Considering her talents, Marina may have an interesting dilemma in her career, though it’s one I think she can navigate easily enough if she maintains the sort of balance found on Inner Superhero. Her distinctive vocal style lends itself to almost-folky soft-pop/rock in such a way that she likely has built a significant fan base that clamors for that sort of song; meanwhile, she has the versatility as a singer and songwriter to reach farther and wider with her music, occupying the much broader singer/songwriter (and occasionally rockin’ signer/songwriter) category. I suspect a mix as found on Inner Superhero can satisfy both audiences; I, of course, count myself among those who, while appreciating a mix of the softer stuff (and she does deliver it amazingly), think Marina really sets herself apart when she mixes in the occasional more rocking number like “Win.” Combine Marina’s world-class songwriting with her vocal and performance style that seems to connect directly from artist to each individual listener (whether live, on video, or on her recordings), and she’s just “exposure” away from much greater success.

Marina V with her Hollywood International Entertainment Award

photo courtesy of Marina V

Marina’s 2-Songs-a-Month Club via Patreon

I just thought I should share that I am a supporter of Marina V via her 2-songs-a-month club, albeit at the most minimal level. Because I “joined her club” while I was not an active music journalist, I plan to continue to honor this commitment going-forward. From a broader perspective — listen up independent musicians — this is a great idea, one that allows her supporters to pledge as little as one dollar per song (which is two dollars per month) in exchange for two songs a month. I think this is something other independent musicians should consider duplicating, if it suits their schedule and career objectives. Marina releases one new original and one new cover song each month. I suspect other artists who may not be such prolific songwriters could substitute a heavier mix of covers, if necessary. As a result, for artists with a large enough following, this could provide a reliable source of secondary income in addition to the usual performance, recording, and merchandise income that’s typically more sporadic. Something to consider, though if you, as a musician, do something like this, you’ll need to dependably follow through. After all, you’re making a commitment to your fans when you do this.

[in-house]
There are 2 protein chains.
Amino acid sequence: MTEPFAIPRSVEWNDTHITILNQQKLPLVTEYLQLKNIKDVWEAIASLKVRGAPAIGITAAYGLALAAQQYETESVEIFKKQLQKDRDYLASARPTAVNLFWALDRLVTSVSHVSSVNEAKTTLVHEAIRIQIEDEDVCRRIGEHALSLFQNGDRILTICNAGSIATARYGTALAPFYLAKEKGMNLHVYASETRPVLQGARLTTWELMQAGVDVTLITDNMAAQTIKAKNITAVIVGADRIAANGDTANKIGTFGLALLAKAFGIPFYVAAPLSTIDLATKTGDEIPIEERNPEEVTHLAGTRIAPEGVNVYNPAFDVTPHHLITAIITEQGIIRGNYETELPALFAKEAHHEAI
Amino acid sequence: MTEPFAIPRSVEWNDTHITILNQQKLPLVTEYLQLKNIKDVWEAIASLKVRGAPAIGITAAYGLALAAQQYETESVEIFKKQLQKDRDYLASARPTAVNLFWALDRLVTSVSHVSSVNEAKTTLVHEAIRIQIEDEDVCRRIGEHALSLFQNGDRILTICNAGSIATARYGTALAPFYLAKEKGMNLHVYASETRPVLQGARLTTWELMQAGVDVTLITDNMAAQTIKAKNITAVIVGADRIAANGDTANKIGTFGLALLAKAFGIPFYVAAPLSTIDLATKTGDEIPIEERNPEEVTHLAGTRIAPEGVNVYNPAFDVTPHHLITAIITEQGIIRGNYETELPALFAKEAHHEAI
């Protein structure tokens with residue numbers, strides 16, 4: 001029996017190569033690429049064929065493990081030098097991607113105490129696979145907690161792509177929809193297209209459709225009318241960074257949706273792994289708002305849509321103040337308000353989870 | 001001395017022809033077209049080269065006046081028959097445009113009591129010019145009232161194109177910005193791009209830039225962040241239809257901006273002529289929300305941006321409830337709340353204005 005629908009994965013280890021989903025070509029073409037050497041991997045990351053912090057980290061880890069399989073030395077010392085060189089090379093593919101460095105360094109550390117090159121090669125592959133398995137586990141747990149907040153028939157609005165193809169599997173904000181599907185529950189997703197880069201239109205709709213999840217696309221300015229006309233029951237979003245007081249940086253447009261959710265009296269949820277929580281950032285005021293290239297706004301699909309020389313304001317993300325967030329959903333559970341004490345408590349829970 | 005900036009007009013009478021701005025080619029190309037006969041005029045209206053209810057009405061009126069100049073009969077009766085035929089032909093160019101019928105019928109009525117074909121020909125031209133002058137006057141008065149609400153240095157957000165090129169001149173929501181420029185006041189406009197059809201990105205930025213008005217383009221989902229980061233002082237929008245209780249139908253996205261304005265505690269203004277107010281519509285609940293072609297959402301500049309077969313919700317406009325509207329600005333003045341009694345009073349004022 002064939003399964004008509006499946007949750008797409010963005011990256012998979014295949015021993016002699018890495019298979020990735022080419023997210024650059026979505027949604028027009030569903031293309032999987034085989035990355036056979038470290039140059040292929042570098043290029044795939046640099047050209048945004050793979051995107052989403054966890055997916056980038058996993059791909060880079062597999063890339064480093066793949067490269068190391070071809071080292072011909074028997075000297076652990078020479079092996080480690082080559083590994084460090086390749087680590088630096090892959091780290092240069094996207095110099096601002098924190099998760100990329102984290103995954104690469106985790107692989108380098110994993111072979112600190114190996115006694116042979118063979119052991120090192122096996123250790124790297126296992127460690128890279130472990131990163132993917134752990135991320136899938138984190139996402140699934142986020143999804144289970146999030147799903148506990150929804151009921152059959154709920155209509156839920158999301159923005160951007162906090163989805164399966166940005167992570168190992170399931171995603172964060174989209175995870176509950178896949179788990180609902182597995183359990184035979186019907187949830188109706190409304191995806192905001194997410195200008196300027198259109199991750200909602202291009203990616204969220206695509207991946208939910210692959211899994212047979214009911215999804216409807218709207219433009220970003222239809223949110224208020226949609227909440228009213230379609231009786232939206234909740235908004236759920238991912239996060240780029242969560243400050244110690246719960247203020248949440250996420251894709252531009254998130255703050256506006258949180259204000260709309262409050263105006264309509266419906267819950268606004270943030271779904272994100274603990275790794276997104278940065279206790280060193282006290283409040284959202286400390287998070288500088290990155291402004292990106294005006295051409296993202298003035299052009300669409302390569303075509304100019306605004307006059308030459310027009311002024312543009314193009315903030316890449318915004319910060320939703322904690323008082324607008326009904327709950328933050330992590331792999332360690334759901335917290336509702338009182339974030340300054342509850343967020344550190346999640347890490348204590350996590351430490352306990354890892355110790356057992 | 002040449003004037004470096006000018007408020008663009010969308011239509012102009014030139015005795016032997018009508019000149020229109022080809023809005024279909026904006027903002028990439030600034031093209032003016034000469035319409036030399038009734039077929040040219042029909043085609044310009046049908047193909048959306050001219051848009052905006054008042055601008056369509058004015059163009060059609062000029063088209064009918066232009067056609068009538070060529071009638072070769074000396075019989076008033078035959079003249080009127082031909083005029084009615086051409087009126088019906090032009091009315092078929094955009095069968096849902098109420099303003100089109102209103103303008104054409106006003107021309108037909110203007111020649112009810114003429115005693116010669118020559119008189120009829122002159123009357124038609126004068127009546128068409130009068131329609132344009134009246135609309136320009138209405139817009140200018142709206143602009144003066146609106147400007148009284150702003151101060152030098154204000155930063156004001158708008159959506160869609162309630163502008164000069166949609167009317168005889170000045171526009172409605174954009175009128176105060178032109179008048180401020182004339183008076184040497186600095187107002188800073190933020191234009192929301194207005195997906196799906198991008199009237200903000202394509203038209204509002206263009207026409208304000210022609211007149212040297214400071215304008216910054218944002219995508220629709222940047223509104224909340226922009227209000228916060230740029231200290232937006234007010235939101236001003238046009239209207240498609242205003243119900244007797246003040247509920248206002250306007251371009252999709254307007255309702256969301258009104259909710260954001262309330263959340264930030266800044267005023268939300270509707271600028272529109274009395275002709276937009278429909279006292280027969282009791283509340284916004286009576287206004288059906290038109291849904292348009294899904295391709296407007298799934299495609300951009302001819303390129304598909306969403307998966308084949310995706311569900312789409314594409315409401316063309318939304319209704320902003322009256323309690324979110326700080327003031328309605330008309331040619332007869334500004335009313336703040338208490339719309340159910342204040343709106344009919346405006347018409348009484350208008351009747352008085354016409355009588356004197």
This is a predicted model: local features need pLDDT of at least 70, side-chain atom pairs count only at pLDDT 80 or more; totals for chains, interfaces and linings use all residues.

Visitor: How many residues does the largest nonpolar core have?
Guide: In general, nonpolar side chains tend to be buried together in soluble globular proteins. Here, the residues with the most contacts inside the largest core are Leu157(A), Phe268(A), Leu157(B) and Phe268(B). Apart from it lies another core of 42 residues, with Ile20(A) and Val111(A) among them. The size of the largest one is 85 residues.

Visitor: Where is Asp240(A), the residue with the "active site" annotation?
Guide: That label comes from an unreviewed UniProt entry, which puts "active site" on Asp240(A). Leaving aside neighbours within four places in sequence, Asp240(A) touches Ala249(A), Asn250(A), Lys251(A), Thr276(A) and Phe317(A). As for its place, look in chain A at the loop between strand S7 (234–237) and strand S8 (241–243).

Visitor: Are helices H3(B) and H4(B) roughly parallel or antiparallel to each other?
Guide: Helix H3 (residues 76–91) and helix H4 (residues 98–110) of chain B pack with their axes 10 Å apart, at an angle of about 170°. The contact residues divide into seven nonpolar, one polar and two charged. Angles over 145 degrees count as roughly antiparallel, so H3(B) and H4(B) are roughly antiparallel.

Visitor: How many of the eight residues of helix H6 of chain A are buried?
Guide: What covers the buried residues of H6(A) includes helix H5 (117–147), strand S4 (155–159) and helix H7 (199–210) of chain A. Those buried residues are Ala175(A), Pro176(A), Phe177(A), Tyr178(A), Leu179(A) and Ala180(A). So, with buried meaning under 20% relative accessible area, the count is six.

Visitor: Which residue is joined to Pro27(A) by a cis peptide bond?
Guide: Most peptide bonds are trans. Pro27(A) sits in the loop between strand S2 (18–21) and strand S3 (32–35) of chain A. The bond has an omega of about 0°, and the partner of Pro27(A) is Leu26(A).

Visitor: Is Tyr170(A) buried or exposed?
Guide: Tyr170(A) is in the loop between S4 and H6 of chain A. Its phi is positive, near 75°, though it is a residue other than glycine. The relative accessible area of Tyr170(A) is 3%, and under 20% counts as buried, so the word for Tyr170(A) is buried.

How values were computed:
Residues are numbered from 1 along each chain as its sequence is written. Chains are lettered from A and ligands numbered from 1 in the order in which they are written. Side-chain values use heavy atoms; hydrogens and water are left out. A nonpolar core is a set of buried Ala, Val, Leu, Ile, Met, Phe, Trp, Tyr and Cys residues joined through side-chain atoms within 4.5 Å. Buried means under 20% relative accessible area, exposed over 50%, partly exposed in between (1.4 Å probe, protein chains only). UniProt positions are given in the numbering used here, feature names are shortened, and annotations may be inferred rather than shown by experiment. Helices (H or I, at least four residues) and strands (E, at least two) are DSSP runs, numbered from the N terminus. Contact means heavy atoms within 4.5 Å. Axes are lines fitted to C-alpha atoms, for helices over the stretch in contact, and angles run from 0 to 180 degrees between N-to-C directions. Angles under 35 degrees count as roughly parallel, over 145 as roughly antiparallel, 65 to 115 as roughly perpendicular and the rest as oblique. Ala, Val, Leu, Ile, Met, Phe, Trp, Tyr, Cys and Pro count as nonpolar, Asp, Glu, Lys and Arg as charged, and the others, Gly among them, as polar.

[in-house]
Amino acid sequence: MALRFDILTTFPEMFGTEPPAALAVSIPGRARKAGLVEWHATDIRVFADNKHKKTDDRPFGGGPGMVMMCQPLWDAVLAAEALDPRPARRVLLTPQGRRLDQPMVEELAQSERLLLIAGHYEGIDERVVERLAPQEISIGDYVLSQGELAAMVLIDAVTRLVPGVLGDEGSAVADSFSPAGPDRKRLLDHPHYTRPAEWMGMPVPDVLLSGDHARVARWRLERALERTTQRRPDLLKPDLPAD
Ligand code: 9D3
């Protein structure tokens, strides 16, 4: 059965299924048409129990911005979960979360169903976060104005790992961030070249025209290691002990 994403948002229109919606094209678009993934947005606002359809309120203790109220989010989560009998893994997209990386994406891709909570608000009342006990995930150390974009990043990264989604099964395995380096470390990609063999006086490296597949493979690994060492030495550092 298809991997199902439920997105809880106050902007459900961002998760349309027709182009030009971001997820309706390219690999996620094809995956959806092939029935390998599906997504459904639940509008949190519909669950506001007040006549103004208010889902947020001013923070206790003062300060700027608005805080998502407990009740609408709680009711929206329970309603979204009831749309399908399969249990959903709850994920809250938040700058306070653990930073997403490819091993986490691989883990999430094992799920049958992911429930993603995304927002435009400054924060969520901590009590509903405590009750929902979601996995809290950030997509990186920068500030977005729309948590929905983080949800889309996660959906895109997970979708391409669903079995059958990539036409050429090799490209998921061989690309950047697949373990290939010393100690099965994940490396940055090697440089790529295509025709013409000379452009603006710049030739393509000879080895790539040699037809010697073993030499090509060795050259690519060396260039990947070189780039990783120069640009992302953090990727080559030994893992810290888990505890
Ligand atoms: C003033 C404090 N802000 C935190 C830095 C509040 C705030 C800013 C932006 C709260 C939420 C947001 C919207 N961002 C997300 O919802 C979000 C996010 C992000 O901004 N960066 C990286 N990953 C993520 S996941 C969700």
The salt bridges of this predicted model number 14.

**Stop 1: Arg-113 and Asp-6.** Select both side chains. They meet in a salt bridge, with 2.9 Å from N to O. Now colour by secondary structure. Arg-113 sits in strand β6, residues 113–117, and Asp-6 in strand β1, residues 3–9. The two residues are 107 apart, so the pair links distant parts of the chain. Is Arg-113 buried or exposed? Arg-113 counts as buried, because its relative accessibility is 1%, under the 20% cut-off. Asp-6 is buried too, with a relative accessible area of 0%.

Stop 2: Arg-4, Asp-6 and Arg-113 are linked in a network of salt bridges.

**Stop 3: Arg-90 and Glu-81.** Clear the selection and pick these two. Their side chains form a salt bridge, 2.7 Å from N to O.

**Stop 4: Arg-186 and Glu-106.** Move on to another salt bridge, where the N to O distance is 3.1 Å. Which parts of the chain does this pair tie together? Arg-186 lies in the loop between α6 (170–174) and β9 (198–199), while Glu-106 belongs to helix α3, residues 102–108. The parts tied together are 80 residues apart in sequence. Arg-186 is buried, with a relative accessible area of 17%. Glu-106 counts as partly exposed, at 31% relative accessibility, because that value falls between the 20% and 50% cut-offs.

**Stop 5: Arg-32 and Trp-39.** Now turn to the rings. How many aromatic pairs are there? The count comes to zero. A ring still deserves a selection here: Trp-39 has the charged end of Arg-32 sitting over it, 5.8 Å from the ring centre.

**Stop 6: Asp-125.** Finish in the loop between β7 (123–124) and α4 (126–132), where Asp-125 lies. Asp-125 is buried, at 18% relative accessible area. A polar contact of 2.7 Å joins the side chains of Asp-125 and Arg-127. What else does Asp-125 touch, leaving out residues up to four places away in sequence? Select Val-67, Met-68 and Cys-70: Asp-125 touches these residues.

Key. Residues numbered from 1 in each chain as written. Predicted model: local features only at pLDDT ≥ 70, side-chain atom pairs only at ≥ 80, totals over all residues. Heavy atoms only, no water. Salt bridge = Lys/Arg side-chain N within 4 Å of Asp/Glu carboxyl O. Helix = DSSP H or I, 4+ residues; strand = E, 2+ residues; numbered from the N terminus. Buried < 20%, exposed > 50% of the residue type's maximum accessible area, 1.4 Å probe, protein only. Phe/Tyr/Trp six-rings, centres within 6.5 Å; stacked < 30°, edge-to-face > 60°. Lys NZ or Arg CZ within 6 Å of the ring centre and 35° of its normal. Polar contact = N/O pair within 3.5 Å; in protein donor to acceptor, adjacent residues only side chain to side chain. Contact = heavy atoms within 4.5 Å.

In any case, now that I’ve returned to music journalism, this isn’t the sort of thing I will be signing up for from any other artists. At the same time, since I committed to support Marina while I was still a “civilian,” I will continue. I felt it was important to reveal this support; at the same time, now that I’m a journalist again, please don’t expect me to support your music in the same way, no matter how much I like it. As a journalist, I now have other ways to show my support. But yes, of course, I will gladly honor commitments I made while I wasn’t a journalist. (This is the only remaining one of those commitments.)